The finish line? Crazy. There were so many people there! I wonder if it was as loud as I remember; in my head the cheers were deafening.
I didn't expect to see anyone I knew except possibly Mr. W, so when I heard a girl's voice screaming for me, I was confused. I was almost past the guy and girl cheering when my running-addled brain finally IDed them as my co-worker Amber and her boyfriend Mike. Amber was there to cheer on our Pig bloggers, whom she coordinated, but such is the excitement of the Flying Pig that she is now talking about running the half next year. If you go to watch the Flying Pig, be aware that this is a very real danger.
(A side note: Mr. W was in fact at the finish line, but I didn't see him. When I told him that, he said, "Really? You looked right at me and waved." We eventually figured out that he must have been right behind Amber and Mike. Wish I had a Penseive so I could go back and see him there.)
I can't really describe how I felt as I finished - it all sounds so cliched. I was soaring, I guess? Afterward came medals and the mylar blanket (which I was surprised to find I needed) and a big lane of booths giving out bananas and Sun Chips and things. At the end of this lane, Mr. W met up with me.
That's when I choked up a bit.
Josh and Chele had great times and waited forever for my slow butt. (My official time was 2:51:20, which was under my goal of three hours! Yay!) After I finally joined them, we all went to Daybreak and got eggs, and then I spent six hours playing video games.
The end! Other pics I took from the race are here.
After the stuff from the starting line, this is the only picture I have from the first three miles of the race. That's because I spent that time doing two things: A) rewording the chorus to "Good Morning Baltimore" from Hairspray so it was about the Flying Pig, and B) trying to keep up with Chele. I stuck with her for two miles, but by the middle of Covington, she was out of my sight.
"Good morning Flying Pig!
We run slow, but we don't give a fig.
Ev'ry day's a half marathon;
Run 13 miles and your energy's gone ..."
Oh, hey. We're headed back to Ohio on the Clay Wade Bailey Bridge.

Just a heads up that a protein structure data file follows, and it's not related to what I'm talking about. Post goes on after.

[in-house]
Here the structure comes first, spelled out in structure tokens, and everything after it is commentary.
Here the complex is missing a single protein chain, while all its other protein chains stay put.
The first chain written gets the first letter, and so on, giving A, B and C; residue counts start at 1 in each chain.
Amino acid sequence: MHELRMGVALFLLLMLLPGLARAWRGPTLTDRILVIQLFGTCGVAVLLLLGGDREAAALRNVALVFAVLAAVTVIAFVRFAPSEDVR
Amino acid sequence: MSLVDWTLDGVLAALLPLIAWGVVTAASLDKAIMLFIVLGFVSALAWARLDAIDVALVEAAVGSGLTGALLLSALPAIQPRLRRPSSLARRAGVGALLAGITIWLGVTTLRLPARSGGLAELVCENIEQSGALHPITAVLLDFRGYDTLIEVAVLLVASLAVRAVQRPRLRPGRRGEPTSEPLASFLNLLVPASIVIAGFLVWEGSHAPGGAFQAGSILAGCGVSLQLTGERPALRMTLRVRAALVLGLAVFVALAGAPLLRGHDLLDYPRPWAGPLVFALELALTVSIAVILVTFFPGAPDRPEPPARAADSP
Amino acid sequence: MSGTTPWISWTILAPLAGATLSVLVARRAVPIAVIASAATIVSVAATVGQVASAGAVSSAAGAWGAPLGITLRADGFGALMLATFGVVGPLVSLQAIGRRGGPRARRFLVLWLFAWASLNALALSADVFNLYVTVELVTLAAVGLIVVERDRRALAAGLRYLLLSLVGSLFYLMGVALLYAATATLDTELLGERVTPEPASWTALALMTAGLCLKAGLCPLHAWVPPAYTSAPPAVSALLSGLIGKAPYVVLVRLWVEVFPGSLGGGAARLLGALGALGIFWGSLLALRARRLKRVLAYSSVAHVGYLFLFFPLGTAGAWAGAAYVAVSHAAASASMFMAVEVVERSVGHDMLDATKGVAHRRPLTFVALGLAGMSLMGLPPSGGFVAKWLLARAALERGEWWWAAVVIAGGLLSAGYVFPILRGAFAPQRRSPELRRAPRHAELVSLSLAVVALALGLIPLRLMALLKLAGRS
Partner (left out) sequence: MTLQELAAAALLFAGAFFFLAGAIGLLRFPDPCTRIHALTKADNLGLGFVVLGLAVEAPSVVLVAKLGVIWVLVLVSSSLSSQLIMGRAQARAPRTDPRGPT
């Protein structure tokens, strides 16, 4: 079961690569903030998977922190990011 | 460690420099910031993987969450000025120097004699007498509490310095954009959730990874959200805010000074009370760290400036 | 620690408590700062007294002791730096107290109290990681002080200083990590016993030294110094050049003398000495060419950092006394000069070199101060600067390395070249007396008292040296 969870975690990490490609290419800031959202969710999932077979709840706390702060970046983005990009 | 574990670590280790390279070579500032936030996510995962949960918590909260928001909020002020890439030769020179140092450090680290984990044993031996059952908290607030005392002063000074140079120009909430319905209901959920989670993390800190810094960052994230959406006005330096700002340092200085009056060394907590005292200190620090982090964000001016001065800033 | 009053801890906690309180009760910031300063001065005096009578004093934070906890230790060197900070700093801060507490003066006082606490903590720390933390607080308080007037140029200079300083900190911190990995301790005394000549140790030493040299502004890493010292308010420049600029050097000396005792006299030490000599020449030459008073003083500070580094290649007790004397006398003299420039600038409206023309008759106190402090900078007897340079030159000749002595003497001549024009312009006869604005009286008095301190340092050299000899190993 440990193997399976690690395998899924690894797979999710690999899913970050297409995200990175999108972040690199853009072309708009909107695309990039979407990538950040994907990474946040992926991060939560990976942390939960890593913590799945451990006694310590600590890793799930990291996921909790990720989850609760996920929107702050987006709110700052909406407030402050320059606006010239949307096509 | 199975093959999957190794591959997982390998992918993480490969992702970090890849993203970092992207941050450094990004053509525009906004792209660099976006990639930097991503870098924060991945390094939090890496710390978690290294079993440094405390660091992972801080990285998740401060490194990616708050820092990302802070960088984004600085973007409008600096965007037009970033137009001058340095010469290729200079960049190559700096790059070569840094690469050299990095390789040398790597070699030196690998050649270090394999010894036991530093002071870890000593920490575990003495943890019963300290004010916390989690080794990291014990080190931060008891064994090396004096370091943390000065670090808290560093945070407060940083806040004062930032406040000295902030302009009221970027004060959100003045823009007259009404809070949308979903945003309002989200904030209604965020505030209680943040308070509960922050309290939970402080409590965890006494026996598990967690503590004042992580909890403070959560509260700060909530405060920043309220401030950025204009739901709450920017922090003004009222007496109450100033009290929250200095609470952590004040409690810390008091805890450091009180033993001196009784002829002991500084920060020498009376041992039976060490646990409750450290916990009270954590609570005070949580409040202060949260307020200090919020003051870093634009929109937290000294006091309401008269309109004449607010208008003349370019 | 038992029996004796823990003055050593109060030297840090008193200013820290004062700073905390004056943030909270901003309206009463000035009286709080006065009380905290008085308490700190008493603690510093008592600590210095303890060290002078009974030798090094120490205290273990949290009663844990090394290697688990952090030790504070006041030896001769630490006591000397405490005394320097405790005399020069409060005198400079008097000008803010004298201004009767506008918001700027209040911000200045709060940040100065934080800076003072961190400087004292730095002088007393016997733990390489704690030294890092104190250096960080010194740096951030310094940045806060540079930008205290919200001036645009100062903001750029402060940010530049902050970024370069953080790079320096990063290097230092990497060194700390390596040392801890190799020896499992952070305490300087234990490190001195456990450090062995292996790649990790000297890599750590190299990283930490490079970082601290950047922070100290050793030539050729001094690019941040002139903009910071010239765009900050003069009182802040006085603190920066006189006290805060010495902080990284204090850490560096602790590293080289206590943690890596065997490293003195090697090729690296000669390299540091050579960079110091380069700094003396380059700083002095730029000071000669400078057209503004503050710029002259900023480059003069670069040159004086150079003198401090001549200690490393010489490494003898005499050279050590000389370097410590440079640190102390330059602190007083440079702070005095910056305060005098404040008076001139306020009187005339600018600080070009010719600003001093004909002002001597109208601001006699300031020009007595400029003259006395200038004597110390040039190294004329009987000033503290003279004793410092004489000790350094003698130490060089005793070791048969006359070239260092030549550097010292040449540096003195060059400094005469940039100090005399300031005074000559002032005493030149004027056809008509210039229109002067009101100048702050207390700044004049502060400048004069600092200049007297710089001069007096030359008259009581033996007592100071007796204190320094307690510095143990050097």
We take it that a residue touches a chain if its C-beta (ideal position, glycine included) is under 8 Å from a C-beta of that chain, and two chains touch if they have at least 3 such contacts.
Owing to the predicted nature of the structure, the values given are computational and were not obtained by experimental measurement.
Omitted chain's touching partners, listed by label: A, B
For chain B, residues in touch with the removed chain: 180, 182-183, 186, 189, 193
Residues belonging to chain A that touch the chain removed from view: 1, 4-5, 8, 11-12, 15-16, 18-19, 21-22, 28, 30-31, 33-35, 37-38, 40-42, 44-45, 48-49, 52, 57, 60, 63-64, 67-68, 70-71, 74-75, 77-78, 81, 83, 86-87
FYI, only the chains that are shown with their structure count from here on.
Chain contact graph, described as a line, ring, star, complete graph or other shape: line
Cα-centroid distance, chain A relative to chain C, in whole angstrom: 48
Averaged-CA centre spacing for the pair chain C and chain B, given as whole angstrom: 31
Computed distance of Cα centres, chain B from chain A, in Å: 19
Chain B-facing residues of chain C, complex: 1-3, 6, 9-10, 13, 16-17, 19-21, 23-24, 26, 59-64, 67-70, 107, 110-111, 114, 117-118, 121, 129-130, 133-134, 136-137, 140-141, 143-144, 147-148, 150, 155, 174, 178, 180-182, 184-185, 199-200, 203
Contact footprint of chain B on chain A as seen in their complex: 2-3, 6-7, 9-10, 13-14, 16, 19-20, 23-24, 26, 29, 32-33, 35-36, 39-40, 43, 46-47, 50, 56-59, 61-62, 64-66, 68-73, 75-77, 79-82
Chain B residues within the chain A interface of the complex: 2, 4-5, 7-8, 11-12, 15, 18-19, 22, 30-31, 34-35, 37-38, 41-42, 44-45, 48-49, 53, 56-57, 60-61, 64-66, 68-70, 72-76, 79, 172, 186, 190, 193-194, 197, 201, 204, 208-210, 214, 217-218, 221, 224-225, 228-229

Sandy's shirt reads, "If you can read this you've just been passed by a member of the AARP. Just finish!" Sandy was doing a run-walk program, so she passed me like six times - she'd run and pass me; she'd walk and I'd pass her, and so on. Just before she left me behind, I got this picture.
I really liked the light downtown.
And it was very cool to see so many people out cheering on the runners. People say the Pig is really great for that compared to other marathons. I wouldn't know. Perhaps I'll never know. Perhaps the Pig will be the only marathon I ever run. I'm OK with that.
As the course left downtown on Gilbert, the first half marathon runners were starting to trickle into the final approach on Eggleston below. This guy wasn't the winner, but he had to have been in the top 20.
Here's something nonrunners might not know about the sport. As you run, you naturally bounce up and down, and the effect is that any, um, stuff that is traveling through your insides will shift and settle and generally move towards the point of its planned exit. This is a very delicate way of saying that those Porta-Potties are an utter necessity.
I first began to feel the need for them on the bridge back to Ohio, but seeing the long lines for them caused me to tough it out until mile 6, at the beginning of Eden Park. That's where I took this lovely picture.
I skipped over all the hilly bad parts of Eden Park to bring you ... the Delta Kings Chorus! I heard another runner saying how cool they were - until she could see them, she thought the music was coming from a CD.
On the other side of the Delta Kings was an amazing view of the river! Let's take a closer look:
Man, you've really gotta love this town sometimes.
All the people in this photo (except for the volunteer on the left) are running the full marathon. That's because this is the point where we separated: half marathoners turn left and go back downtown; full marathoners turn right and continue with the next THREE QUARTERS of their race. (Sometimes I think maybe I could actually run a full marathon. Then I consider that fact - that when I had less than 5 miles to go, they had 18. Yeah, that's insane.)
Coming soon: the thrilling conclusion!